Prepare to have a great time in Oahu!

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Hawaii Travel Information and Tips

 

Can I use my valid foreign driver’s license to drive in Hawaii?

Yes. Your valid driver’s license is good for one year from the entry date on your passport.

Can I use my cell phone while driving in Hawaii?

No. You may not use any electronic handheld device while driving. This includes phones, cameras and mp3 players. Holding a phone at a stoplight or while paused with the engine running is considered a violation and you will receive a ticket. Fines vary according to island and can be as high as $150.

You may use a Bluetooth headset or hands-free device with your cellphone.

What’s the speed limit in Hawaii?

The speed limit varies from 10 miles per hour (mph) in tiny lanes and 25 in most residential neighborhoods to 60 mph on some freeways.

What should I do if I am in an auto accident?

If you are in a collision, the first step is to call the police at 911 to file a report or to contact emergency fire or ambulance services. Do not leave the scene until after the police are finished. You may need to contact your rental car company.

What are the helmet laws?

• All riders 17 years old and younger must wear a helmet.

• Bicycles– All riders 15 years old and younger must don a helmet.

• Motor Scooters & Motorcycles– Helmets are required for all riders 17 years old or younger.

Does my child need a child safety seat?

Most rental car providers have child safety seats available for rent.

• All children under the age of four must be secured in a Federally-approved child safety seat.

• All children between the ages of four and seven must ride in either a booster seat or a car seat. Children 4’9” or taller or those riding in vehicles with lap-only seat belts in rear seats are exempt.

Weather in Hawaii is very consistent, with only minor changes in temperature throughout the year. There are really only 2 seasons in Hawaii: summer (called Kau in Hawaiian) from May to October and winter (Hooilo) from November to April. The average daytime summer temperature at sea level is 85º F. (29.4 C) while the average daytime winter temperature is 78º (25.6º C). Temperatures at night are approximately 10º F. lower.  The islands are an incredible collection of diverse micro-environments, each with its own unique weather, plants, and animals. As a result of the shielding effect of volcanic mountains and the differences in weather found at various elevations, you can find tropical rain forests, cool alpine regions, arid deserts, and sunny beaches – all within the span of just a few miles.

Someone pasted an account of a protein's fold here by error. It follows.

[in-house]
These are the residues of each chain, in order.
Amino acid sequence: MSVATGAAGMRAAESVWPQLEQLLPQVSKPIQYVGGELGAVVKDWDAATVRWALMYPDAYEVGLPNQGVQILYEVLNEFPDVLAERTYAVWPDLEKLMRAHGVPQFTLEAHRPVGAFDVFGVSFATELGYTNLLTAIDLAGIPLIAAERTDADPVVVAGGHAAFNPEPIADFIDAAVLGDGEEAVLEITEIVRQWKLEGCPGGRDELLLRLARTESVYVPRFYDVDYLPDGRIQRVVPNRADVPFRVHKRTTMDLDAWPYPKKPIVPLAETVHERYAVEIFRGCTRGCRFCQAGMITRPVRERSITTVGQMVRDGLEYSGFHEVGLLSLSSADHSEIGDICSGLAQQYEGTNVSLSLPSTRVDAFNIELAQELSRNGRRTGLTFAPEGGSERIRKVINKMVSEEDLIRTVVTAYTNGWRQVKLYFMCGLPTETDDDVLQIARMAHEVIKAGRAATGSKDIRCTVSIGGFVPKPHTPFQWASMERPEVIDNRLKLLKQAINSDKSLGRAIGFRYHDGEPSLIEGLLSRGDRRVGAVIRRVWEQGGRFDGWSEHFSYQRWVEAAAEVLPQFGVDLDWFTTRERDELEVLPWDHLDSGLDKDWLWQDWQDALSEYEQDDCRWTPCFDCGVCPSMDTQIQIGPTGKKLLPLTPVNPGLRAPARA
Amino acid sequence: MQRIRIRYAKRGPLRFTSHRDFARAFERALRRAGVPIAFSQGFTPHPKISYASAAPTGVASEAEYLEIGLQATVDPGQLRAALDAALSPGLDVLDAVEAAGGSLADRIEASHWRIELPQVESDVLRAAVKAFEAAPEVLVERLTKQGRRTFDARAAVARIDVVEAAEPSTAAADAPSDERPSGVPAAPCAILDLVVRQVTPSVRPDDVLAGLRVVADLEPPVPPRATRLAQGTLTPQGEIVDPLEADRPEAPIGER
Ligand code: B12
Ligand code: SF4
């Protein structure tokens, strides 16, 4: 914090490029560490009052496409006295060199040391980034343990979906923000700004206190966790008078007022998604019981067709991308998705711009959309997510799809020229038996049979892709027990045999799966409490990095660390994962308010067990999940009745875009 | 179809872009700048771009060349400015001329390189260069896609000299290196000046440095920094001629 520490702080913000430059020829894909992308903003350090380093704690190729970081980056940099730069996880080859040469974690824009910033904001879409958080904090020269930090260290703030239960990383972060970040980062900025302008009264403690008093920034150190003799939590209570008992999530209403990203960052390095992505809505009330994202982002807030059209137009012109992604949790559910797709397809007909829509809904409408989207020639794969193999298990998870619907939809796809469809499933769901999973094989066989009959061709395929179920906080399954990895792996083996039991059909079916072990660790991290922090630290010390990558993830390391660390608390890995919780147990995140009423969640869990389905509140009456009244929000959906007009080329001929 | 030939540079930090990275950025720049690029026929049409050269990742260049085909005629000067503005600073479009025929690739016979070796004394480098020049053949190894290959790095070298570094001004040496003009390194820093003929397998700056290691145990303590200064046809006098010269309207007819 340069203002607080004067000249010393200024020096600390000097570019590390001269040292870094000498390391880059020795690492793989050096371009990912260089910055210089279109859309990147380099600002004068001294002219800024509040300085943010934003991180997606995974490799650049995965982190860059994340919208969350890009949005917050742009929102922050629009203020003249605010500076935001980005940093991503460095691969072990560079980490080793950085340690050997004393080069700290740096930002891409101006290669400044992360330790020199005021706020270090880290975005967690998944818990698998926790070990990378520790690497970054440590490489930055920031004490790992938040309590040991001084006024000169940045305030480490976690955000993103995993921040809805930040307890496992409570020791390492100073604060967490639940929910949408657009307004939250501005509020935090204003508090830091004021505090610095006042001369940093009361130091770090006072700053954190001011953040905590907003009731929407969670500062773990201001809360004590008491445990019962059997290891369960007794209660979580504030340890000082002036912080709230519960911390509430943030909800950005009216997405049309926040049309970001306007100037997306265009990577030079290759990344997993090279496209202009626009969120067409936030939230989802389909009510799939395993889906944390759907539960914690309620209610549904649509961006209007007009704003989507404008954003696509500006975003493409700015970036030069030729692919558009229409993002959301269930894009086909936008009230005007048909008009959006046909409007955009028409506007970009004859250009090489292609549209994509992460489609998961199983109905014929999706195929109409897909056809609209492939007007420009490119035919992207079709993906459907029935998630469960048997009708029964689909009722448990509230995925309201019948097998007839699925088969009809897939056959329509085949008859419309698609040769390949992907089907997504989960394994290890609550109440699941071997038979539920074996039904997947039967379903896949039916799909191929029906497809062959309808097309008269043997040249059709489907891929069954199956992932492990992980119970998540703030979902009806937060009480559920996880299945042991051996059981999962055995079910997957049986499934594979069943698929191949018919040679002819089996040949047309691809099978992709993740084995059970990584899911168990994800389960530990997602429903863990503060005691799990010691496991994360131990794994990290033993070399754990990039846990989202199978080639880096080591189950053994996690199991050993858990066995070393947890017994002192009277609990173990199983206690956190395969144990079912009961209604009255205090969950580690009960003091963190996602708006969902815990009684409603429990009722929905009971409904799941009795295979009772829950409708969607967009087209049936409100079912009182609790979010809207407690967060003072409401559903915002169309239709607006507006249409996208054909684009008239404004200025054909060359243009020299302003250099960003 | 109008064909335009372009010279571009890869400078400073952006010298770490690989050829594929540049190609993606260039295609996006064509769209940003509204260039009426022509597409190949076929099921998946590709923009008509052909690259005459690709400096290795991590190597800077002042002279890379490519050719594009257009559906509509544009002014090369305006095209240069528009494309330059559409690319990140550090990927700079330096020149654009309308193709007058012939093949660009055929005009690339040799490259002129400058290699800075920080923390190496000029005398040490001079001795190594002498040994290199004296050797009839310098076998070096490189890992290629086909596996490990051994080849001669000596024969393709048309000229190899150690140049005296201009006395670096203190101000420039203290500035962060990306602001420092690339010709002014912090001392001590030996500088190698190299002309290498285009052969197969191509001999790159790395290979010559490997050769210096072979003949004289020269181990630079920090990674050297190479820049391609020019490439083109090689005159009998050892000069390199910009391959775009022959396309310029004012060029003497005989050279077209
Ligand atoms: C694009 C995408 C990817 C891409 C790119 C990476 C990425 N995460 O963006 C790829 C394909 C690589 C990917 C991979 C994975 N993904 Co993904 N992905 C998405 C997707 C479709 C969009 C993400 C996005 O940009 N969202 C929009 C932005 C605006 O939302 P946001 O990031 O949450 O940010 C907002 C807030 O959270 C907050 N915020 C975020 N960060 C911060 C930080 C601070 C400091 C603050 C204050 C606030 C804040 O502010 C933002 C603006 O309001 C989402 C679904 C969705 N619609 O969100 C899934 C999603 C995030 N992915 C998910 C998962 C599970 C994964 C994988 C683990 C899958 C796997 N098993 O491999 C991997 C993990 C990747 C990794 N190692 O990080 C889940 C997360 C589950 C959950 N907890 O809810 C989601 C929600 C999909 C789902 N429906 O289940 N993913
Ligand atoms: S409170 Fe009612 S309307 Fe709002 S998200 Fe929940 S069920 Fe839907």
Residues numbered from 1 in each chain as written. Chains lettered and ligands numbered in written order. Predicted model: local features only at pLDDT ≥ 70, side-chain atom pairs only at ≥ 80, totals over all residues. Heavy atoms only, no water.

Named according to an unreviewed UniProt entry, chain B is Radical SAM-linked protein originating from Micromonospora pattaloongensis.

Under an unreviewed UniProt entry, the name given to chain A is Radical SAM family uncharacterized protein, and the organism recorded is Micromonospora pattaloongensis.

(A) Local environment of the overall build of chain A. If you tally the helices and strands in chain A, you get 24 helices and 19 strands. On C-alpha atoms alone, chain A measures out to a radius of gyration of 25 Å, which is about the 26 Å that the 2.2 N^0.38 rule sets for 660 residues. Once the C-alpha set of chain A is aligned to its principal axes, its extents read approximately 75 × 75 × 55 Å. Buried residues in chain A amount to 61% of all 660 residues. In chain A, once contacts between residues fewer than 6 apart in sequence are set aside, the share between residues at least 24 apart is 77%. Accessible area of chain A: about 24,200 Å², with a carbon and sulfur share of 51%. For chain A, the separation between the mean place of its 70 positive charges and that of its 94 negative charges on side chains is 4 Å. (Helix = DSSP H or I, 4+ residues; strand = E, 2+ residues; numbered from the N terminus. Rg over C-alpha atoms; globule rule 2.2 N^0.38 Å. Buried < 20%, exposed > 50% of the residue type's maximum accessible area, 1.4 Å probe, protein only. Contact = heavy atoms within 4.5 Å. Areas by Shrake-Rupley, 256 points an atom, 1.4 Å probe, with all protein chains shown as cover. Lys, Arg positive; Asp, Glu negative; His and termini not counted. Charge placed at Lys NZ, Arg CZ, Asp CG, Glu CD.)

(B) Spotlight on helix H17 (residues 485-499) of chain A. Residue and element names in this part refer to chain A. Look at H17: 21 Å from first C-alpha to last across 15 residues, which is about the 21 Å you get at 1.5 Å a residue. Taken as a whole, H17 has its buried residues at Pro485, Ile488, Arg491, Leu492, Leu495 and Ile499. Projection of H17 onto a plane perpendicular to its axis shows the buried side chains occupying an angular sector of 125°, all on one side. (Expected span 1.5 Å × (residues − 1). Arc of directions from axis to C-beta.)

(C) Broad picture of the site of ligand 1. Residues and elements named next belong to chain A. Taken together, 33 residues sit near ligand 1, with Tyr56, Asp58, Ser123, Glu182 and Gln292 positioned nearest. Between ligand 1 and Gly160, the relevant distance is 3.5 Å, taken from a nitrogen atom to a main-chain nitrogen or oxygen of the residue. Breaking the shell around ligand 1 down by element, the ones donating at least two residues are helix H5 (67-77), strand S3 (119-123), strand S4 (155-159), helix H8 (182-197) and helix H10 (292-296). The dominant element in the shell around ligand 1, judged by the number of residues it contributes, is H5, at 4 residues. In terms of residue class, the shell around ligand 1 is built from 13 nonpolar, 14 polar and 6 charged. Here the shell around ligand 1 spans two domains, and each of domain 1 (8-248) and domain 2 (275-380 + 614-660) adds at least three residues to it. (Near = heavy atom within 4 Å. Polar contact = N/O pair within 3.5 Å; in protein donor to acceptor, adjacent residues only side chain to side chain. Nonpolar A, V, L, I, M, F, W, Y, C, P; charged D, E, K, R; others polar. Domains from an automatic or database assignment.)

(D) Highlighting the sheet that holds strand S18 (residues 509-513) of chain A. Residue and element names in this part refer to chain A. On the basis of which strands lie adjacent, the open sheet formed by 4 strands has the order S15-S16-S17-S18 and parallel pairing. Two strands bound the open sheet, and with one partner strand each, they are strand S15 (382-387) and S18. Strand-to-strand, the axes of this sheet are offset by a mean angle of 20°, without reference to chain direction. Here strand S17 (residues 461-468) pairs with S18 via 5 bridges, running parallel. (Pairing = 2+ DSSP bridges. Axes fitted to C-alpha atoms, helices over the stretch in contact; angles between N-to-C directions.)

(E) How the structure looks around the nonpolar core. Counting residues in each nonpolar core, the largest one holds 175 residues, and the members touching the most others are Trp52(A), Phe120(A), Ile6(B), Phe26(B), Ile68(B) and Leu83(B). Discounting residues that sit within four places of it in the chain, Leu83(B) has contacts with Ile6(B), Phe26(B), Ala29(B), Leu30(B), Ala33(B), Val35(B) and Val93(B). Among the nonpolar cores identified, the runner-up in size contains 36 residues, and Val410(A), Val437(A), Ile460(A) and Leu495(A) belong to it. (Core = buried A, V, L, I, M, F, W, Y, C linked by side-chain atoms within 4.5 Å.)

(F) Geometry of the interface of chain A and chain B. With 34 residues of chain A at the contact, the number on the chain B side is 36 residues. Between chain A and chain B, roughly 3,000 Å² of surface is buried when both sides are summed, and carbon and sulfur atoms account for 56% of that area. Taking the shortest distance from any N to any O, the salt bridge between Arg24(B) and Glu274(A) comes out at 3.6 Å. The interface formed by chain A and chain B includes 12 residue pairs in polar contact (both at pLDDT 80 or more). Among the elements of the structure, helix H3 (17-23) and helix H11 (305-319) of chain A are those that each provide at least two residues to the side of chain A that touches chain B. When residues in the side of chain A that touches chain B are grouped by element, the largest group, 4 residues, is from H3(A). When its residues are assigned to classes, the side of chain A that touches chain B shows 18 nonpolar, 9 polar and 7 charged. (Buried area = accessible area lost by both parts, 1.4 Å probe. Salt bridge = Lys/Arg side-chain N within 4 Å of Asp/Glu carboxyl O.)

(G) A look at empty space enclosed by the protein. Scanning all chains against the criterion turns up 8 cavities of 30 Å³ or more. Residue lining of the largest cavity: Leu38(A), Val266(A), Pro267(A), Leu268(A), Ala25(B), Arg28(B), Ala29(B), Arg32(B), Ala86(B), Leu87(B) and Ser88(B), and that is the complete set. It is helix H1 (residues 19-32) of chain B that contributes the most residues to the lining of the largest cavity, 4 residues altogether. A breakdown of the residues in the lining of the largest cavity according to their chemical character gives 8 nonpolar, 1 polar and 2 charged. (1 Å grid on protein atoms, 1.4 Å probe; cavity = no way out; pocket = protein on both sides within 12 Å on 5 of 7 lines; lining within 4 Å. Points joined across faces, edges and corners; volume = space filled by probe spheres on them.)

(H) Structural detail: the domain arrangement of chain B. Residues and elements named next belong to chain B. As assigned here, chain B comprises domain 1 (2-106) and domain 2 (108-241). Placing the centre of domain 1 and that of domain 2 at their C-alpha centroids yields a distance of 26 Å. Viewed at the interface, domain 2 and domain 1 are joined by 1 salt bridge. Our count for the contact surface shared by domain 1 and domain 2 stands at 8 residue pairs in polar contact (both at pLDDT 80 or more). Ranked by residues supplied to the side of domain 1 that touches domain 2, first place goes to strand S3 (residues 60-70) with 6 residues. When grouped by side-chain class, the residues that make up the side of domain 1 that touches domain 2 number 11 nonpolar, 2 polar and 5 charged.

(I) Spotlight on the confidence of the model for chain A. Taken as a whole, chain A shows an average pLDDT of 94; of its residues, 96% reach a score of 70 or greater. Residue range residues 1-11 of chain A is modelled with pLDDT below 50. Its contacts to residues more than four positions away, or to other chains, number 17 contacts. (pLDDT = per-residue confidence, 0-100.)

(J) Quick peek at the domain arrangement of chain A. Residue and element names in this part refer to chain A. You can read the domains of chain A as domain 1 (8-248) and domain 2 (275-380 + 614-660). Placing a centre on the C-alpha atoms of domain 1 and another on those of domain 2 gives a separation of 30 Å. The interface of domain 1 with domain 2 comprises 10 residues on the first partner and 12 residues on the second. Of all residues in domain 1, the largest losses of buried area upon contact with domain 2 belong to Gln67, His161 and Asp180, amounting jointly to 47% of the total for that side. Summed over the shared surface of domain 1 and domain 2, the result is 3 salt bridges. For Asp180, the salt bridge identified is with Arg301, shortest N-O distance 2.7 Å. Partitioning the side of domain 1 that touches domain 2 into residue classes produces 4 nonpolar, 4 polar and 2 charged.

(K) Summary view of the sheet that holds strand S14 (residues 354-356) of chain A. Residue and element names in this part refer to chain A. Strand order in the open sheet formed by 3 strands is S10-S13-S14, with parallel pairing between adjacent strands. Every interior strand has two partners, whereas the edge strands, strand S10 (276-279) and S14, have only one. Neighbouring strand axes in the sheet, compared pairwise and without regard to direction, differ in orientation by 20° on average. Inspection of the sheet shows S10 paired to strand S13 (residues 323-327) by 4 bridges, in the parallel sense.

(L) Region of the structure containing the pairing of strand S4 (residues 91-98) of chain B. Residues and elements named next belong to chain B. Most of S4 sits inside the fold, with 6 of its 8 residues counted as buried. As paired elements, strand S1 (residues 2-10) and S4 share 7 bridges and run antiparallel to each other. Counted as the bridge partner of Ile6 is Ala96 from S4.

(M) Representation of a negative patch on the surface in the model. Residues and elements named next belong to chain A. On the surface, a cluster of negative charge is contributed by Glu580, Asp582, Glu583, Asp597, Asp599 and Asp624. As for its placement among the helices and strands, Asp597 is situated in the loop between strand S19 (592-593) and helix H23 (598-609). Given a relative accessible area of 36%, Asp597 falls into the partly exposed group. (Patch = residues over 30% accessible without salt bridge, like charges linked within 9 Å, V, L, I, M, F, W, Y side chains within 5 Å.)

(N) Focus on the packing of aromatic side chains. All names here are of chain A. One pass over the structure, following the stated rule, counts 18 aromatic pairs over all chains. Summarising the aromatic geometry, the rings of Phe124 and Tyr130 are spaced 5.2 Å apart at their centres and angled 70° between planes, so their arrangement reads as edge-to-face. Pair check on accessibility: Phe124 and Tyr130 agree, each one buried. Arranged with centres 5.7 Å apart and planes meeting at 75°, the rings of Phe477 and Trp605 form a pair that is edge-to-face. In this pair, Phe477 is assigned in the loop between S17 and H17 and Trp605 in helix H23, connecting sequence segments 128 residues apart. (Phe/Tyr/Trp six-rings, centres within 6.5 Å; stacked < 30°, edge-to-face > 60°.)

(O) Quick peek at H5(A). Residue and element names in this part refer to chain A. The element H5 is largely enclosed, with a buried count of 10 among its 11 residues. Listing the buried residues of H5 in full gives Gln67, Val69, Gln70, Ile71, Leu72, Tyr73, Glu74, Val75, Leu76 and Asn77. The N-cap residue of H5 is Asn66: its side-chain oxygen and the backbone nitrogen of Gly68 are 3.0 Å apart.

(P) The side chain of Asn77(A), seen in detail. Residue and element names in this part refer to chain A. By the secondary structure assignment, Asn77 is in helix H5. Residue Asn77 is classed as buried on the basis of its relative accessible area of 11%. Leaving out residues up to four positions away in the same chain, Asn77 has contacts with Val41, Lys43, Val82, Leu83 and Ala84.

Water and Surf Conditions

Hawaii’s near-shore water temperatures remain comfortable throughout the year. The average water temperature is 74º F. (23.3 C), with a summer high of 80º F. (26.7º C). Wave action varies dramatically between island coasts and seasons. Summer waters are typically gentle on all beaches. During the winter on many north shore beaches, Pacific storms drive ocean swells towards the islands, creating Hawaii’s legendary big waves.

Wave conditions are often very localized, so if the waves are too big on your beach, you can usually find calmer water at a more sheltered beach. Strong currents can make any beach unsafe at any time during the year, particularly in the winter. Ask your hotel staff or a lifeguard about ocean currents or look for warning flags and posted beach conditions.

Rainfall

Most of the rain falls in the mountains and valleys on the windward (northeastern) side of the islands. It is these passing showers that create Hawaii’s rich, green, tropical environment.